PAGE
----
“And these are quick-moving contracts, fast turnaround,” he said. “So we don’t really have time to train them.”
Business is growing, despite DoD uncertainty about cuts to programs. Jesse said he’s now selling ISS software overseas to customers in U.S.-ally nations like Great Britain and Australia.
“I don’t see us slowing down,” he said. “Because we’re the people you go to when you don’t have a lot of money. No job is too small.”
Educating the next generation of local software developers falls to the University of Colorado at Colorado Springs. While recognizing the current problem, UCCS leaders believe it will be short-lived.
The university’s College of Engineering and Applied Science realized a 27 percent increase in student enrollment in the past two years, and another 25 percent increase this fall, said R. “Dan” Dandapani, dean of the college. Those students are connected with local offices for paid internships.
“It’s one of the 10 hardest jobs to fill,” he said. “But with the rules of supply and demand, they are some of the top-paying jobs too.”
In fact, students don’t even have to wait to get a job — engineering and IT are the highest-paid internships for majors. Engineers make between $15 and $25 an hour as interns, while computer science majors average about $19 an hour.
“Everyone else falls below that,” Dandapani said. “For students in financial difficulties, that can make a difference in paying for college.”
UCCS works with local businesses to provide the internships, and in turn, local businesses provide support to the program. Desperate for qualified engineers and IT professionals, local corporations are pouring money into UCCS programs.
Bal Seal, which just announced an expansion in Colorado Springs, is providing three scholarships at the graduate level, essentially externships, to educate students and then have them work at the corporation.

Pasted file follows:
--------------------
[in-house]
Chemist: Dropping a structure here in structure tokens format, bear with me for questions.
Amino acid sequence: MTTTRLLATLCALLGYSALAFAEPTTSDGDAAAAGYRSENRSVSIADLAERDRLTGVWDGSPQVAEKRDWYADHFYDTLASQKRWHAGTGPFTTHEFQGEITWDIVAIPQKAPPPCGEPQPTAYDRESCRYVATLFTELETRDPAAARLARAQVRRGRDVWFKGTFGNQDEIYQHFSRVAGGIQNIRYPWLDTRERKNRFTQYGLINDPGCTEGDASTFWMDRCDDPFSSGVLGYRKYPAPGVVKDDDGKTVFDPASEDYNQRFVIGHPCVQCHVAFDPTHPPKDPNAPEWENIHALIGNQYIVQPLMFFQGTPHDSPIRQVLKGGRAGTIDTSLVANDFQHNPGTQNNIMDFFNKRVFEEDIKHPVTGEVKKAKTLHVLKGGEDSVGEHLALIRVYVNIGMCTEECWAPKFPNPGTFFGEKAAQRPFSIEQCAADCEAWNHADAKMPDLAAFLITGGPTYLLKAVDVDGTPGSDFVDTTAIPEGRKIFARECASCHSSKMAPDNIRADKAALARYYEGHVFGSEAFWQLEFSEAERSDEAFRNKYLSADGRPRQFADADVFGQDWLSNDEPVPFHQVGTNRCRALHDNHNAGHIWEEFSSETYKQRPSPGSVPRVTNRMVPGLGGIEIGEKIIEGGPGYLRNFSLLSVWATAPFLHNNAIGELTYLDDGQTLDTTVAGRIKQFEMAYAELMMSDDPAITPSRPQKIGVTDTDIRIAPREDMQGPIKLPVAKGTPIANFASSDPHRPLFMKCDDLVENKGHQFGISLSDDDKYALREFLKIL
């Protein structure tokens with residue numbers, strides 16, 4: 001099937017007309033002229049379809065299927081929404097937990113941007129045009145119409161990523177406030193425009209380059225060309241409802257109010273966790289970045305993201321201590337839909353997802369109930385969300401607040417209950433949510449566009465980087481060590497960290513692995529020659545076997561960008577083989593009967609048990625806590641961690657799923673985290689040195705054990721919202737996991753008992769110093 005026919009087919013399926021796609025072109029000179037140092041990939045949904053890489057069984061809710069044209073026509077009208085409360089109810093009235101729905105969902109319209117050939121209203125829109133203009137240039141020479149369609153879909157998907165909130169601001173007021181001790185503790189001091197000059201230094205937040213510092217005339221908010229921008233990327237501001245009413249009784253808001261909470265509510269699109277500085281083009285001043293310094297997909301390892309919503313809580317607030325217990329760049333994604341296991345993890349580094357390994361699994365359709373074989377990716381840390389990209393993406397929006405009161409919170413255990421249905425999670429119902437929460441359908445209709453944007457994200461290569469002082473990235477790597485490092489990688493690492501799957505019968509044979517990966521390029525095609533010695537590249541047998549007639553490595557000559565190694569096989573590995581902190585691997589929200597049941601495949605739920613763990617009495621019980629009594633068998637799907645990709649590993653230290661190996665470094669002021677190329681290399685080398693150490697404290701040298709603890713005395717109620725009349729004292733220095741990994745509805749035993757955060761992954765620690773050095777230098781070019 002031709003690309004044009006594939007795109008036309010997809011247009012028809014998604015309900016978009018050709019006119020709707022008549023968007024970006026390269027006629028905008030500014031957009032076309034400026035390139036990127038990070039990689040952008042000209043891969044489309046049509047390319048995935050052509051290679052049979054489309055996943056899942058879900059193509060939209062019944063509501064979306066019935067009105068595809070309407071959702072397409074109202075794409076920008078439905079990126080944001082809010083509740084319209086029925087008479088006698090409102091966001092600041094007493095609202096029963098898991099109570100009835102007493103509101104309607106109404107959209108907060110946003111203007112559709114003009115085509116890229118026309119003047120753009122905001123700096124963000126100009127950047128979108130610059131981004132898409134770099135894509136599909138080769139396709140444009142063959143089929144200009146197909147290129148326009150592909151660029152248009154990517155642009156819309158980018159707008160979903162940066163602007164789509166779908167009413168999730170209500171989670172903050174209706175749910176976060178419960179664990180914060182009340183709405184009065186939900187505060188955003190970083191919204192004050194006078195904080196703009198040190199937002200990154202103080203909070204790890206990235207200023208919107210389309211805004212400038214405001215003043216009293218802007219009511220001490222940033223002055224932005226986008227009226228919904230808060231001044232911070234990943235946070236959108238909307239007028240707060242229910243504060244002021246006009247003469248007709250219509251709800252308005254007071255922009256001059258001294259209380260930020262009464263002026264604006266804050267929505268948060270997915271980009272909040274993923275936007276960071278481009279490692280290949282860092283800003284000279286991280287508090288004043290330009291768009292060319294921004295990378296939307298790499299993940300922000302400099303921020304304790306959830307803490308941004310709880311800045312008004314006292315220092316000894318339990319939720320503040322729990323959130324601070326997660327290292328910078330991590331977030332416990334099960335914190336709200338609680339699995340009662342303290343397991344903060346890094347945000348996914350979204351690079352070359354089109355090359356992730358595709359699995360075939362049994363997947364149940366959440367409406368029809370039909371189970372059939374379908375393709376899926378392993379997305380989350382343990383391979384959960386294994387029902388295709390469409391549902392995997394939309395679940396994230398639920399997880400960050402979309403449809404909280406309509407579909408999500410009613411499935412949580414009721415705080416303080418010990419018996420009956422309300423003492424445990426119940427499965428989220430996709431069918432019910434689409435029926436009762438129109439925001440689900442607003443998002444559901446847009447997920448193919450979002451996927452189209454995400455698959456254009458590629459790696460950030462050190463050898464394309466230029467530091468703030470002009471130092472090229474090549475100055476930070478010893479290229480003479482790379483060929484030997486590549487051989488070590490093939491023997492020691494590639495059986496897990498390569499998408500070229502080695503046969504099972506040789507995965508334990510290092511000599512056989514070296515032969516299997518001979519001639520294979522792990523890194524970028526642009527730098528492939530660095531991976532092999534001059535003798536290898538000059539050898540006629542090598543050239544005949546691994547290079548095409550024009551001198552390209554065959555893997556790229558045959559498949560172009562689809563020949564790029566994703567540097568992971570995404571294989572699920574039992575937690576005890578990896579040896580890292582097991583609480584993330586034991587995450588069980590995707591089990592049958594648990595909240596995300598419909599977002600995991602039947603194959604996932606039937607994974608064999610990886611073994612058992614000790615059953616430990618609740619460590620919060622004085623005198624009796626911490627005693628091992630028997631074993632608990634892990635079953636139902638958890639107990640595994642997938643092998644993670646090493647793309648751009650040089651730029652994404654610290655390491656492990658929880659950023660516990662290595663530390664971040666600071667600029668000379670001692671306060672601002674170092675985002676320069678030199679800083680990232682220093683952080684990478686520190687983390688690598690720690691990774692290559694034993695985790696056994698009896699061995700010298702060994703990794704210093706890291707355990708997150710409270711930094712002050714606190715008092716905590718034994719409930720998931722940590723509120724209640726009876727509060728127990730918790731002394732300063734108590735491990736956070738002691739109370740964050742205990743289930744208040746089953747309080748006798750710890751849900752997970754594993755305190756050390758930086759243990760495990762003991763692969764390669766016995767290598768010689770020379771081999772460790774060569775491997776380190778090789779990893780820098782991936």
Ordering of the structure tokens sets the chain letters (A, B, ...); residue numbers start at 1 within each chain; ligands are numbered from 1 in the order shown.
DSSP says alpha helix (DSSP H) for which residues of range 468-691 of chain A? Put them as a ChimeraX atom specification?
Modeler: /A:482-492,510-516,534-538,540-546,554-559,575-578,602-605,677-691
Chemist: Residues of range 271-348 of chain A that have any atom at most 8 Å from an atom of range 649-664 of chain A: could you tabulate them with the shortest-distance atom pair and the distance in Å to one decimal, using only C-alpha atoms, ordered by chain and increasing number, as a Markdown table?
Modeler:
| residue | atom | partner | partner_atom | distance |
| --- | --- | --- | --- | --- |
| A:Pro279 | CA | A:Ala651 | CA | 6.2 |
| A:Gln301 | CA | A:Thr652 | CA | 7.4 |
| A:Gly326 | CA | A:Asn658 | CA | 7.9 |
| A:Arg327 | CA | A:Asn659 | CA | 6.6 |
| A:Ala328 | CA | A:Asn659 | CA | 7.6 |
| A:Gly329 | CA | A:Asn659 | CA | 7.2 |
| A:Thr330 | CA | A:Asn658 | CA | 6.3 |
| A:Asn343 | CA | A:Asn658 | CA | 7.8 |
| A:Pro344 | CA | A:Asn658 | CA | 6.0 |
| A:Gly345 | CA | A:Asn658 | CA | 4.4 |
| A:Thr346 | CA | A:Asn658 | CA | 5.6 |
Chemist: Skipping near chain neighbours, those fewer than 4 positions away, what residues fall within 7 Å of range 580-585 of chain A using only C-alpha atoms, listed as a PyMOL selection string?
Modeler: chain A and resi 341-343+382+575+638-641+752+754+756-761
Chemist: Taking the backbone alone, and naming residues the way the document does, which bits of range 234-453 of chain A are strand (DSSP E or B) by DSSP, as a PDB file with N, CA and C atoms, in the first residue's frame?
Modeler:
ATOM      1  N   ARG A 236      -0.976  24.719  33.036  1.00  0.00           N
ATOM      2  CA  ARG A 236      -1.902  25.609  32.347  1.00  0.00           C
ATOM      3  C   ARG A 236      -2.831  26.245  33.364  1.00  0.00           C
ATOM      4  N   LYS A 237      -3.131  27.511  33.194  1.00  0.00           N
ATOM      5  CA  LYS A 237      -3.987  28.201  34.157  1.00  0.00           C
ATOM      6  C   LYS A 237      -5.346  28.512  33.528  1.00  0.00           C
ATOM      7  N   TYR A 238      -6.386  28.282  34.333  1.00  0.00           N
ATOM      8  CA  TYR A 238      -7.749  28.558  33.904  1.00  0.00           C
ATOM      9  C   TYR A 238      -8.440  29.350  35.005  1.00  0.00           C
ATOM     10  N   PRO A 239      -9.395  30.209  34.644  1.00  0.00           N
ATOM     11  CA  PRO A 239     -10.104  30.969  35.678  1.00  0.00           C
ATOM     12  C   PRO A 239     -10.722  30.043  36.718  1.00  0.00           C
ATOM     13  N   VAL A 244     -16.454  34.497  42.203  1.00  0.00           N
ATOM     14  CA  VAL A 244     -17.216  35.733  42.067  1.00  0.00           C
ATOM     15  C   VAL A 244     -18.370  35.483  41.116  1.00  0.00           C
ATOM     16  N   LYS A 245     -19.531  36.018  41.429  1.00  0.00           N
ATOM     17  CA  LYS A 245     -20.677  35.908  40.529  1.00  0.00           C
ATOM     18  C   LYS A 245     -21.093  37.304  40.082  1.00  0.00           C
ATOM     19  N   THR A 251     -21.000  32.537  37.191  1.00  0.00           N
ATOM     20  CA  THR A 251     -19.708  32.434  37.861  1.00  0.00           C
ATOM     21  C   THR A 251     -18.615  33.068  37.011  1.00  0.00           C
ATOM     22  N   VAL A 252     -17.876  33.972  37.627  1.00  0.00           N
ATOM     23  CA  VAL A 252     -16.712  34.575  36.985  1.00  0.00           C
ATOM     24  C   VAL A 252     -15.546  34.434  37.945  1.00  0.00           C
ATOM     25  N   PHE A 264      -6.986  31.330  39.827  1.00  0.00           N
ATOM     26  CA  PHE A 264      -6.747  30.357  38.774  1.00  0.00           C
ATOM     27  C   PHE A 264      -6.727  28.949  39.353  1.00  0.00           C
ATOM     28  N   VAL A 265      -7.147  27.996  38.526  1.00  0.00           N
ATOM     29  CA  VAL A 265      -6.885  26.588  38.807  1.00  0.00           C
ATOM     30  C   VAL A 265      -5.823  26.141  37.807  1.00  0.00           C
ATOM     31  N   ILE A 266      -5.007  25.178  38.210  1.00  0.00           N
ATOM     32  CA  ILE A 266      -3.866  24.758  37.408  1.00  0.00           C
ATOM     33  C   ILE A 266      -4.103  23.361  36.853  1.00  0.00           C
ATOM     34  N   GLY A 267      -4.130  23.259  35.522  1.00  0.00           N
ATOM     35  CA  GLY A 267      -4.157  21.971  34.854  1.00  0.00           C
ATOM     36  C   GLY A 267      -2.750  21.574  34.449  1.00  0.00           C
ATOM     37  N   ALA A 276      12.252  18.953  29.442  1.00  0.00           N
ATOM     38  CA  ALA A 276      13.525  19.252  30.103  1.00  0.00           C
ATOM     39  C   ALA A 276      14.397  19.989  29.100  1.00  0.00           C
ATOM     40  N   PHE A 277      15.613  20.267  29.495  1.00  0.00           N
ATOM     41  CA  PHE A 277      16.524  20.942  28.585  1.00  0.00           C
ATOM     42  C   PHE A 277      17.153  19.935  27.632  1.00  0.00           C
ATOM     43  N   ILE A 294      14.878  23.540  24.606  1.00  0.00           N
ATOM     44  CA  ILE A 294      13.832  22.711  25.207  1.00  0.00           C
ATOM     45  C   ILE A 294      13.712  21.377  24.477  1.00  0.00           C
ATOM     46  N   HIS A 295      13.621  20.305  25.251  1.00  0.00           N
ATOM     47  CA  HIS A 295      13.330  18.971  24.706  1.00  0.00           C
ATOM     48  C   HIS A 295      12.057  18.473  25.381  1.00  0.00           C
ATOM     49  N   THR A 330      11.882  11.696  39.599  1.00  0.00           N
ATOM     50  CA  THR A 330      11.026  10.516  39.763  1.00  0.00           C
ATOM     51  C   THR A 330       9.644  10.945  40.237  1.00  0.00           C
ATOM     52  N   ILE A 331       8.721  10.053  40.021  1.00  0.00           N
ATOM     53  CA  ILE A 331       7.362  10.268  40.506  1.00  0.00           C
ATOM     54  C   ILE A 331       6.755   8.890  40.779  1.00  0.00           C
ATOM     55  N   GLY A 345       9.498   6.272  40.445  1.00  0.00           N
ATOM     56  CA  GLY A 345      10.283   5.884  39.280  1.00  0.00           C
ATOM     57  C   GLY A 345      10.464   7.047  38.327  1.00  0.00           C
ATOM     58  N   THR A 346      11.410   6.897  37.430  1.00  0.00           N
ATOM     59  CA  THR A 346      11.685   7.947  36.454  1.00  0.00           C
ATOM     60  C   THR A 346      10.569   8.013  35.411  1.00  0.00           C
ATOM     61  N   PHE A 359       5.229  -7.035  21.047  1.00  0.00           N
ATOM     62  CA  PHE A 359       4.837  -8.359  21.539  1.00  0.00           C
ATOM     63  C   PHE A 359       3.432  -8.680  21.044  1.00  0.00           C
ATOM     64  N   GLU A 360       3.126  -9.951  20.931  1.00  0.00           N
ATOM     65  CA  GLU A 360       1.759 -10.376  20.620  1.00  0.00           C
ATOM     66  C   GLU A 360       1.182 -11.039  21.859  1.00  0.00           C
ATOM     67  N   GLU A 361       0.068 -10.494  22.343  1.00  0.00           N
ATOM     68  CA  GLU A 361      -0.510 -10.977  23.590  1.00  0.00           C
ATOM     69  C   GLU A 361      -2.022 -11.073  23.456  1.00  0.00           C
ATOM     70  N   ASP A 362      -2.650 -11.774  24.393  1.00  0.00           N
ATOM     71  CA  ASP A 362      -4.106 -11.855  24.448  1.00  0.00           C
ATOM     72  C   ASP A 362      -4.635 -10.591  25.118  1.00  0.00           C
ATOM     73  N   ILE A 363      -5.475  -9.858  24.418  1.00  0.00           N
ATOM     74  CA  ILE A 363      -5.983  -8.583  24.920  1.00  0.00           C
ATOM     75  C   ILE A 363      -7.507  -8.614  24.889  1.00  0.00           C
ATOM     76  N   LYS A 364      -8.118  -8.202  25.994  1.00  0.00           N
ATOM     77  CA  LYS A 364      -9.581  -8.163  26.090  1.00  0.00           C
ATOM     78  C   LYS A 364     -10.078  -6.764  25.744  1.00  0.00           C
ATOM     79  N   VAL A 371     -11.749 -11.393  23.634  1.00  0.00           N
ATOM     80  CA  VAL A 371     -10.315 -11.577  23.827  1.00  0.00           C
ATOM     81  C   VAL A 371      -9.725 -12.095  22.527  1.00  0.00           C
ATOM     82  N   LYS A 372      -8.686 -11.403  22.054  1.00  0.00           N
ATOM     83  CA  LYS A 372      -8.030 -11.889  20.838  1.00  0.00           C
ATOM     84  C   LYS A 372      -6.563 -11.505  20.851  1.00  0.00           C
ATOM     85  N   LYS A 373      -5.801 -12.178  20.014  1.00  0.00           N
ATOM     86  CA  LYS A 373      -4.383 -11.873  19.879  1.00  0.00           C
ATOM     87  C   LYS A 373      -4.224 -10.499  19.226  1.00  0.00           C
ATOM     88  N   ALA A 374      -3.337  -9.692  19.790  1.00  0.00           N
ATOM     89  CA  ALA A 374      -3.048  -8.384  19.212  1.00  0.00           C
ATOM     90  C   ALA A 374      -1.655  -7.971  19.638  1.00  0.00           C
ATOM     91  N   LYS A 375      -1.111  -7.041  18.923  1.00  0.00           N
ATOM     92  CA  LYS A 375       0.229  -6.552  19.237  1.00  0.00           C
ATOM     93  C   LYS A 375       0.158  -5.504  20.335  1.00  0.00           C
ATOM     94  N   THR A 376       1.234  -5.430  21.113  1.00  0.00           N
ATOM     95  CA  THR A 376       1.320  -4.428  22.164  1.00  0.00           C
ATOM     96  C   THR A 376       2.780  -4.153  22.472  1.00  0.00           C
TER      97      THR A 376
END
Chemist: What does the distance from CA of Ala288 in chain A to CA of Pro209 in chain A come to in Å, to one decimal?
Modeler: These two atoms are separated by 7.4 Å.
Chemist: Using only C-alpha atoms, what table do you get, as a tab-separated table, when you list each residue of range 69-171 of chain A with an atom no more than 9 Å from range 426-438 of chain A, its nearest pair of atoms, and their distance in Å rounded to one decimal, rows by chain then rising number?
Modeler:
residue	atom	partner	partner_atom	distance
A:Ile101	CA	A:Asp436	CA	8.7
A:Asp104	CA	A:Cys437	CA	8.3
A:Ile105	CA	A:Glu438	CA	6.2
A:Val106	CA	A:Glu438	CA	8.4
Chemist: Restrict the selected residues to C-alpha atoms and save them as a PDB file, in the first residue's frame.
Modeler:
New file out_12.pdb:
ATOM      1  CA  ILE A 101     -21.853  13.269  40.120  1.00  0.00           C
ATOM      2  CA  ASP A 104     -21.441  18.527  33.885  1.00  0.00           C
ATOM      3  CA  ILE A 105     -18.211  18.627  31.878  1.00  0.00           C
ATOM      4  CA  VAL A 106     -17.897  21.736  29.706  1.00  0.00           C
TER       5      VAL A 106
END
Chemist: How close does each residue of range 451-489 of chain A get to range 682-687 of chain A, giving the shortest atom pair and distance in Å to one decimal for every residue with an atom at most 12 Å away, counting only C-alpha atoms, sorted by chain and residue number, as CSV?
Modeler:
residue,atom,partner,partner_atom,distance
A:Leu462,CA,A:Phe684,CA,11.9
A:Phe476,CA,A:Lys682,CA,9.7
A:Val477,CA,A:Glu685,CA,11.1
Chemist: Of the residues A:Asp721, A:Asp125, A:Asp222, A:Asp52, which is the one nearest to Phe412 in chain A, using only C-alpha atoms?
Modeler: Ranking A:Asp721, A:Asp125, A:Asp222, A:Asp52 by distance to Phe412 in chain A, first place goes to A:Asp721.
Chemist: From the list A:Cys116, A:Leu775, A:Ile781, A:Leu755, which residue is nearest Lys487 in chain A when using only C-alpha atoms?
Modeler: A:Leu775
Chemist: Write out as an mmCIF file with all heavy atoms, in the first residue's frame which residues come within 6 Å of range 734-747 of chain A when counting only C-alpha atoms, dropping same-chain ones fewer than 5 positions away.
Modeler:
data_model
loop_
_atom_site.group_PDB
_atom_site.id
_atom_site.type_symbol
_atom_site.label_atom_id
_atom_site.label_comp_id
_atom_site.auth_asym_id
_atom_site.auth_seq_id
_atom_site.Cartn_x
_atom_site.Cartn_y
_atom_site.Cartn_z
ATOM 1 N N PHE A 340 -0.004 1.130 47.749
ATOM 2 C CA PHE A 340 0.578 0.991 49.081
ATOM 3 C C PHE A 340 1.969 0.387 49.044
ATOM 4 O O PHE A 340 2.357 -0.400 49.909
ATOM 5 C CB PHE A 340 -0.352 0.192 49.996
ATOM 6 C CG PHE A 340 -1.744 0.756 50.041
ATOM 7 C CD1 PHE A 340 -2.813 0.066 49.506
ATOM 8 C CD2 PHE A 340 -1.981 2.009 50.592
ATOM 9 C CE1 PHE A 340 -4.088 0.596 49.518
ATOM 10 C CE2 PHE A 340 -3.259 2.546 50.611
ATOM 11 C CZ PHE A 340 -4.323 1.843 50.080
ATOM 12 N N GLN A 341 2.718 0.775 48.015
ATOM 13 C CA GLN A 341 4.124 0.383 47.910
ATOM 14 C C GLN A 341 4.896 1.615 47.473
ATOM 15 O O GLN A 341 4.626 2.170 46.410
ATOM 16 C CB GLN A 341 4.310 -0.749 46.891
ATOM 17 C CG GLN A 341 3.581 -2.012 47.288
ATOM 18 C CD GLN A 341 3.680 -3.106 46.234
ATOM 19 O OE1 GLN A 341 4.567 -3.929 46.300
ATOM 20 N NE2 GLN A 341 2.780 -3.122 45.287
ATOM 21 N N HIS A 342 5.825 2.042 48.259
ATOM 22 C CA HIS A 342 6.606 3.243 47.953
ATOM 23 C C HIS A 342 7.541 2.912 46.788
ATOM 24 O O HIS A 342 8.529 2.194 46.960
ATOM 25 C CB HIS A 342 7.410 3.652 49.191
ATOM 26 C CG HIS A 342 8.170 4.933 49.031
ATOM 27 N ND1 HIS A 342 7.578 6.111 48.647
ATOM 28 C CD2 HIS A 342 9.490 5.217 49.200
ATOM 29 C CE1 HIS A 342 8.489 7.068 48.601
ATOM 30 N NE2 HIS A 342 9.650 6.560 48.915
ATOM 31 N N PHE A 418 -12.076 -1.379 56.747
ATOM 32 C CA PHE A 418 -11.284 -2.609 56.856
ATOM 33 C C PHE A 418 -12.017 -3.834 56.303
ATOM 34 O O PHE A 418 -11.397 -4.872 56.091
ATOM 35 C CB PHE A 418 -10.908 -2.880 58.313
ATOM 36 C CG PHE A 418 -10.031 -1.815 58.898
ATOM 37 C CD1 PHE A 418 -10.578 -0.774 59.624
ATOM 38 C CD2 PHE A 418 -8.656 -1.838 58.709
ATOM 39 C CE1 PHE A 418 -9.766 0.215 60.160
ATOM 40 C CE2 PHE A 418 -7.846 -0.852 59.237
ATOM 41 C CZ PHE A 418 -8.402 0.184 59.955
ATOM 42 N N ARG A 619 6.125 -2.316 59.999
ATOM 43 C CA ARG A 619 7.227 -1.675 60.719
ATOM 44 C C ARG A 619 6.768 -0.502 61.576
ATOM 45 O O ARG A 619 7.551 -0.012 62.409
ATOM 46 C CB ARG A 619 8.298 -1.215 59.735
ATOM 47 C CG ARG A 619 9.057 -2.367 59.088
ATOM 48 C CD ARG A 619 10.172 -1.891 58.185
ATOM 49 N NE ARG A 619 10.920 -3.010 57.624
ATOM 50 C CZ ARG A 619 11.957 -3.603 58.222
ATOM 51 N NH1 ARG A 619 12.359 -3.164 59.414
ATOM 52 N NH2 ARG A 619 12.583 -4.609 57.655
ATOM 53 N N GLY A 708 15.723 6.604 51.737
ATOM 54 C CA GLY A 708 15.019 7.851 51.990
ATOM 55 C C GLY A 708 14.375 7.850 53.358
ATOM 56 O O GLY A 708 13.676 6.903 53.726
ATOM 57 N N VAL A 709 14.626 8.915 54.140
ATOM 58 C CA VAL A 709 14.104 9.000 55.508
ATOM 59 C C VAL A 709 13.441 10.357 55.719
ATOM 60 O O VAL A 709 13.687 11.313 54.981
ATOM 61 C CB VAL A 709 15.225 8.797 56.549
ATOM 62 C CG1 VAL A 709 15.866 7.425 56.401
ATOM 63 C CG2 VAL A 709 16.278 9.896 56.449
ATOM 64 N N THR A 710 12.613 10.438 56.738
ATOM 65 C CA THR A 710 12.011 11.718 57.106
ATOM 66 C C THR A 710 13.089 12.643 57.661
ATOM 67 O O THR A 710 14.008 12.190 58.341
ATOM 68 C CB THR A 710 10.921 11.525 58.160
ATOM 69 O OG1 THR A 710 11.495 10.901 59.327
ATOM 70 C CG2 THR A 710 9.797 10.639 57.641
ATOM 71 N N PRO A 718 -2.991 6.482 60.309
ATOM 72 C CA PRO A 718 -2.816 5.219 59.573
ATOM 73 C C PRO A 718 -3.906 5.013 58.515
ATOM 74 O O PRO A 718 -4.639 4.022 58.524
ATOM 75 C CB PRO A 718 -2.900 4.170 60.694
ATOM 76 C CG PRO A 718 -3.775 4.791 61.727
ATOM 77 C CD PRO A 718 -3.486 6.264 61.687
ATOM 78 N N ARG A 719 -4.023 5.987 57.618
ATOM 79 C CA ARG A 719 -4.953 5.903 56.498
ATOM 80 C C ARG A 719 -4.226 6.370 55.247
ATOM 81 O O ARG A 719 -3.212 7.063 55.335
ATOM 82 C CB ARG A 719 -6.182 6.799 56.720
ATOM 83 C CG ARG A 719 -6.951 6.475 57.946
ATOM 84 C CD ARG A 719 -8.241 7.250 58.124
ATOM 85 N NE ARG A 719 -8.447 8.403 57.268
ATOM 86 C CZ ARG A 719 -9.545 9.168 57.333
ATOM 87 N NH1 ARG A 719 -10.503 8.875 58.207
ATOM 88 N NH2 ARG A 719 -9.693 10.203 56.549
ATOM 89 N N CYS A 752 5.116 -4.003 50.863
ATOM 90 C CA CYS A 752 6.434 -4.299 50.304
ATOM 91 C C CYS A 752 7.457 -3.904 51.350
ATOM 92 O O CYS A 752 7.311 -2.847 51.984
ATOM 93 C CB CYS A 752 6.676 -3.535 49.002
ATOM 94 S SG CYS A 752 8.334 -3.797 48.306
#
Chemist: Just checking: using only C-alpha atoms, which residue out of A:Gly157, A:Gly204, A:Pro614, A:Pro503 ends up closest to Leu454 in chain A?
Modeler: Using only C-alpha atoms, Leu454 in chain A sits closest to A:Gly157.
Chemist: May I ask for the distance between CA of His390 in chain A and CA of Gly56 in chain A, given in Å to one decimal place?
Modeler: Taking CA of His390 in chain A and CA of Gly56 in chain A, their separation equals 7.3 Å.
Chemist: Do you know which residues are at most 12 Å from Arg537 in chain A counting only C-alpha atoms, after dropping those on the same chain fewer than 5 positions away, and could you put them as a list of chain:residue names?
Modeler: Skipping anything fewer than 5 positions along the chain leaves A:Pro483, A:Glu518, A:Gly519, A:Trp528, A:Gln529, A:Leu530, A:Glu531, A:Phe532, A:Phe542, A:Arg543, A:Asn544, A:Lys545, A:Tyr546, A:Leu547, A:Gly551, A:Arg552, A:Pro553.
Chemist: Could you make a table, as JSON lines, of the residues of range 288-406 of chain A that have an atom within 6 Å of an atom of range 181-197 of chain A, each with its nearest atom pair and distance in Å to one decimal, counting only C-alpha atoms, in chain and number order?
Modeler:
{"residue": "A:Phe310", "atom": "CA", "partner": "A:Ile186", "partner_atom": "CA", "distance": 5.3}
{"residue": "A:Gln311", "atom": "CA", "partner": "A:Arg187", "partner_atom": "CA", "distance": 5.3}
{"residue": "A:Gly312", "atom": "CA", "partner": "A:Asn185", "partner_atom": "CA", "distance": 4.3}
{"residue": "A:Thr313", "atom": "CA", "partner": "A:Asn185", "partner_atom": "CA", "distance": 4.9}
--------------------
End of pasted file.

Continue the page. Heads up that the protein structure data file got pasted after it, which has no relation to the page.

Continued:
“And Agilent gave $200,000 in equipment last year to the student engineering lab,” Dandapani said. “The goal is to educate and then populate local companies.”
Atmel, another company expanding in the Springs, is providing in-service training through the university — but not to undergraduates. Atmel’s starting even earlier, at the middle-school level.
“We even have a leadership council group from local industry to make sure that we eventually have students working in the local corporations with the skills they need,” Dandapani said.
Recruiting college students is proving easier, as UCCS has developed a unique program with Pikes Peak Community College. Students can take the basics at PPCC, but get a UCCS engineering adviser.
“We found that they were taking a bunch of classes they didn’t need, and it was keeping them in school longer,” Dandapandi said. “This way, they can start out at Pikes Peak and still graduate in four years.”
While the university’s preparations won’t necessarily help Jay Jesse with ISS’ employment problems, it’s encouraging for Colorado Springs’ future.
“We are in a demographic civil and global war for talent,” Raso said in his presentation to city business leaders, “and we are losing at this time. But luckily we have assets to help us reverse the situation.”